The Form of the Interaction between Palladium and Hydrogen
The Form of the Interaction between Palladium and Hydrogen
The high diffusibility of hydrogen in solid phases of the palladium-hydrogen system allows thermodynamic equilibrium to be established over a wide range of experimental conditions. Evidence has long existed that, in the hydride phases formed, the hydrogen:palladium ratio is not simple and is a function of equilibrium pressure and of temperature. Theoretical models of the system have often centred on modifications of the palladium electron band structure due to hydrogen absorption but increasing attention has been paid to the consequences of lattice strain. The position is now reviewed in the light of recent work.
In the course of the last ten years a number of general reviews (1–6) have appeared concerning the palladium-hydrogen system. Within this same period also has occurred (and been marked by a compilation of review articles (7)) the centenary of Thomas Graham’s initial observation (8) of the absorption or “occlusion” of considerable volumes of hydrogen by a palladium membrane or “septum”—prepared for his use by George Matthey.
Some thirty years after Graham’s original observations isothermal studies in the temperature range 10 to 250°C of the variation of the composition of the hydrided solid as a function of the pressure of hydrogen gas in steady-state equilibrium with it had suggested that these relationships were likely to be represented by a family of plots of the form shown in Fig. 1. These studies (9) by Roozeboom and Hoitsema might well be claimed to be the first examples of evidence for the non-stoichiometric and temperature-dependent composition of the solid phases represented in such diagrams.
The plots in Fig. 1—which represent results subsequently obtained (6, 10, 11) over a wider range of temperature and pressure than those presented by Hoitsema—are clearly representative of a system subject to the existence of critical phenomena. In terms of a physically descriptive correlation in this particular instance, individual isotherms may be described, or defined, as supercritical, critical or subcritical with respect to the possibility of the co-existence within the solid of two hydride phases (the α- and β-phases), which for the cases of the subcritical isotherms can exist together in varying proportions over the ranges of composition corresponding to the horizontal “plateau” regions—the actual composition of each phase over these horizontal pressure-invariant regions corresponding with the break points of the isotherms at the beginning and end of the plateaus.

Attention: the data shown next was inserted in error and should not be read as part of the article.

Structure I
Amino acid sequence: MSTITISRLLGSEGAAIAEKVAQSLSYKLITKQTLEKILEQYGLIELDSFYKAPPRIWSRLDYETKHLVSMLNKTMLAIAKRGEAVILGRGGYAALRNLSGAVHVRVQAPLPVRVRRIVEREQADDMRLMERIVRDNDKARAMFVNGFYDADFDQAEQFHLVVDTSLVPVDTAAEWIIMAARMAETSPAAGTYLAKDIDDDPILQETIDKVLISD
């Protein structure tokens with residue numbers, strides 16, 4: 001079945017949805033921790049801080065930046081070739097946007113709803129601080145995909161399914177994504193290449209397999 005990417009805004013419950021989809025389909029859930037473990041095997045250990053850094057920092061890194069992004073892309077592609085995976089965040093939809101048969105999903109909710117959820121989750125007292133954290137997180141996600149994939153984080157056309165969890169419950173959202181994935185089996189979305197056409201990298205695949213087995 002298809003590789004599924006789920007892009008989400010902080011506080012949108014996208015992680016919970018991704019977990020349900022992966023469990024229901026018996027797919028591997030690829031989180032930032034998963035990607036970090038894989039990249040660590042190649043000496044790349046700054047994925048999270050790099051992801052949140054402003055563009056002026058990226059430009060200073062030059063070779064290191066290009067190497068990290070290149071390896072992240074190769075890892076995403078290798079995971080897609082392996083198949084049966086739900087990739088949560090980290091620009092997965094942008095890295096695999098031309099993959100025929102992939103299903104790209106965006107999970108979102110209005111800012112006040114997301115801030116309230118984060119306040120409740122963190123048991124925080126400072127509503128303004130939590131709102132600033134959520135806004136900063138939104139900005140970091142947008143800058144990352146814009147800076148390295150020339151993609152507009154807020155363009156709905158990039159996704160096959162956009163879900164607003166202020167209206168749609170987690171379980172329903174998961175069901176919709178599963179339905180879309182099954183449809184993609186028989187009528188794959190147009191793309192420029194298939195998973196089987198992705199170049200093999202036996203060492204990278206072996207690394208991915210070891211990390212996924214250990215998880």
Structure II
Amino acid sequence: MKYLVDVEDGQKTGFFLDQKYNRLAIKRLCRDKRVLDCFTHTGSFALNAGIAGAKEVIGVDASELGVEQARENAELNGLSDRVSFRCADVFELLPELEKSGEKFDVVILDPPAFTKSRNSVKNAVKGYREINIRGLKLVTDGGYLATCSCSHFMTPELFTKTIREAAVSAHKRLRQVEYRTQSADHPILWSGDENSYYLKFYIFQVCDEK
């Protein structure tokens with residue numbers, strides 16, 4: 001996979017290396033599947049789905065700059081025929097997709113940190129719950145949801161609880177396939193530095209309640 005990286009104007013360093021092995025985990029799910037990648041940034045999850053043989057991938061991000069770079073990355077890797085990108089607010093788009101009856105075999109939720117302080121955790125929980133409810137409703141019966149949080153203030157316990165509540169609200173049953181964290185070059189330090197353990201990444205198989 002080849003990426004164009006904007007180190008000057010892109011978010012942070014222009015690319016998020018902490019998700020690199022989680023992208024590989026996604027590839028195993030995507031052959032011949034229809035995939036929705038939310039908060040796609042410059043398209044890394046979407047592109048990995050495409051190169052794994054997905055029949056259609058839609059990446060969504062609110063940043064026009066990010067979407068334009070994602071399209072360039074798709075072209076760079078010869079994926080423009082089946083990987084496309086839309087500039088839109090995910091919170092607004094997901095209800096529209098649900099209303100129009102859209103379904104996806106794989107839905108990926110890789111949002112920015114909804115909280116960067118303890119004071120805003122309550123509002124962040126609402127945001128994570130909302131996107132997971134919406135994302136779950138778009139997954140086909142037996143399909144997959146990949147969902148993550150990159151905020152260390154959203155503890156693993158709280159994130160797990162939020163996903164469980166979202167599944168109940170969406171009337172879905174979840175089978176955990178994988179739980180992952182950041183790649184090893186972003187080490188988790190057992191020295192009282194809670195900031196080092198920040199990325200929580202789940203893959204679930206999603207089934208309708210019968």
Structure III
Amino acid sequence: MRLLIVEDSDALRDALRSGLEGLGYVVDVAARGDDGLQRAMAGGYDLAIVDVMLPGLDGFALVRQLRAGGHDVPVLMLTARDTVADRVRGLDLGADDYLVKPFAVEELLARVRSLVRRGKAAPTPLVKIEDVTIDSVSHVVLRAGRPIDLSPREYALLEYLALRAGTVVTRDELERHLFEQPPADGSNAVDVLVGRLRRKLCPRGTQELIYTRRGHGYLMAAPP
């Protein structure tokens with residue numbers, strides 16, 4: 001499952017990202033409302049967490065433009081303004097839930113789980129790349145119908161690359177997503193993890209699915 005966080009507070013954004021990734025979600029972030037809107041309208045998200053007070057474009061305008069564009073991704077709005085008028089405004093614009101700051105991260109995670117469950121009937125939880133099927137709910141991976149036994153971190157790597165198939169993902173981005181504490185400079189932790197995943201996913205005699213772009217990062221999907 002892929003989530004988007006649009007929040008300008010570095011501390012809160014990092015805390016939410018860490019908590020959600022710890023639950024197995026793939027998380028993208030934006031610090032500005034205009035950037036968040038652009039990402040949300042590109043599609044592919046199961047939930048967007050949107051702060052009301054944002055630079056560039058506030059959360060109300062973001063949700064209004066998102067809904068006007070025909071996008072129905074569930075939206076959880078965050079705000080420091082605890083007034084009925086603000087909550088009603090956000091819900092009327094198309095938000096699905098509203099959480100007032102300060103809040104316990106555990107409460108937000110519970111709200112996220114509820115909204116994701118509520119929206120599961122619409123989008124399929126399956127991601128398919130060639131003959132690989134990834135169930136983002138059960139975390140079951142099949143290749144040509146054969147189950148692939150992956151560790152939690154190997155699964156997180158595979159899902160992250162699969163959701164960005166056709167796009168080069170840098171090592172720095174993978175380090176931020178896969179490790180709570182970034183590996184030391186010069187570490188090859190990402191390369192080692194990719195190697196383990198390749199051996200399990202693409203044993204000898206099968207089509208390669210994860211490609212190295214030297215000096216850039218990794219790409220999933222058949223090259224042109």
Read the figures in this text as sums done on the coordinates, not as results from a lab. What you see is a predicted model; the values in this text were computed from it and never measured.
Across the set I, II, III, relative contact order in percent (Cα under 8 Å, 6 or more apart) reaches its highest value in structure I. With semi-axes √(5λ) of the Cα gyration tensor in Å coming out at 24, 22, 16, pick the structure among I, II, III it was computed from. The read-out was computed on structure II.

The subcritical isotherms exhibit a “hysteresis” of pressure-composition (p–c) relationships over the pressure invariant and adjacent regions, in that, for a given hydrogen content, the steady-state “equilibrium” pressures are higher when hydrogen contents are being steadily increased by the admission of successive doses of gas into the equilibrating system rather than decreased by the successive removal of incremental volumes of gas.
Clearly it is a central requirement of any theoretical model of the palladium-hydrogen system that it should be possible to be correlated with, and to account for the form of the pressure-composition relationships. In this context there are two main features of these solubility relationships which require an explanation. These are firstly the occurrence of critical isothermal behaviour, and secondly the tendency for palladium to have a limiting solubility for hydrogen at a composition which is considerably less than that which would be expected from purely geometrical considerations. This limiting solubility condition is manifested as a rapid rise in equilibrium hydrogen pressure for small changes in hydrogen content above about H/Pd=0.60 at room temperature.
In general the interpretation of critical phenomena has been based on the early postulate of Fowler (12, 13) that an attractive interaction must occur between neighbouring absorbed species, thus resulting in the heat of solution of hydrogen having a negative dependence on concentration (i.e., the heat of solution becomes more negative as the concentration of dissolved hydrogen is increased).
The first significant attempt to apply these concepts to the palladium-hydrogen system was made by Lacher (12, 14) in 1937 using a statistical thermodynamic approach which formed an extension of an allied treatment (13) of the problem of absorption of hydrogen by transition metals such as iron and platinum in which it is only sparingly soluble.
Recently it has been pointed out (15) that critical behaviour only requires that the heat of solution should become more negative as the hydrogen content is increased and that this does not necessarily require so specific an interaction as that between neighbouring atoms. In this case (15) the decreasing heat of solution of hydrogen is taken to be a reflection of the continuous filling of the palladium 4d-band by electrons from hydrogen atoms.
Within the more general framework of the Fowler/Smithells (13) concept of pairwise interactions the nature of this interaction has been considered by various authors (16, 17, 18, 19). This interaction has been attributed to the occurrence of electronic coupling of the screening electrons surrounding each proton (17) or more generally to be a consequence of the lower strain energy associated with paired as distinct from monoatomic species in an elastic matrix (16, 17, 18, 19). Recently, by considering the volume expansion produced in the palladium lattice due to the absorption of hydrogen, Burch (20) has derived a value for this pairwise interaction energy. The derived value is in good agreement with the experimental data which would seem to support the general view that the critical phenomena occur as a consequence of the release of strain energy associated with the clustering of dissolved hydrogen atoms.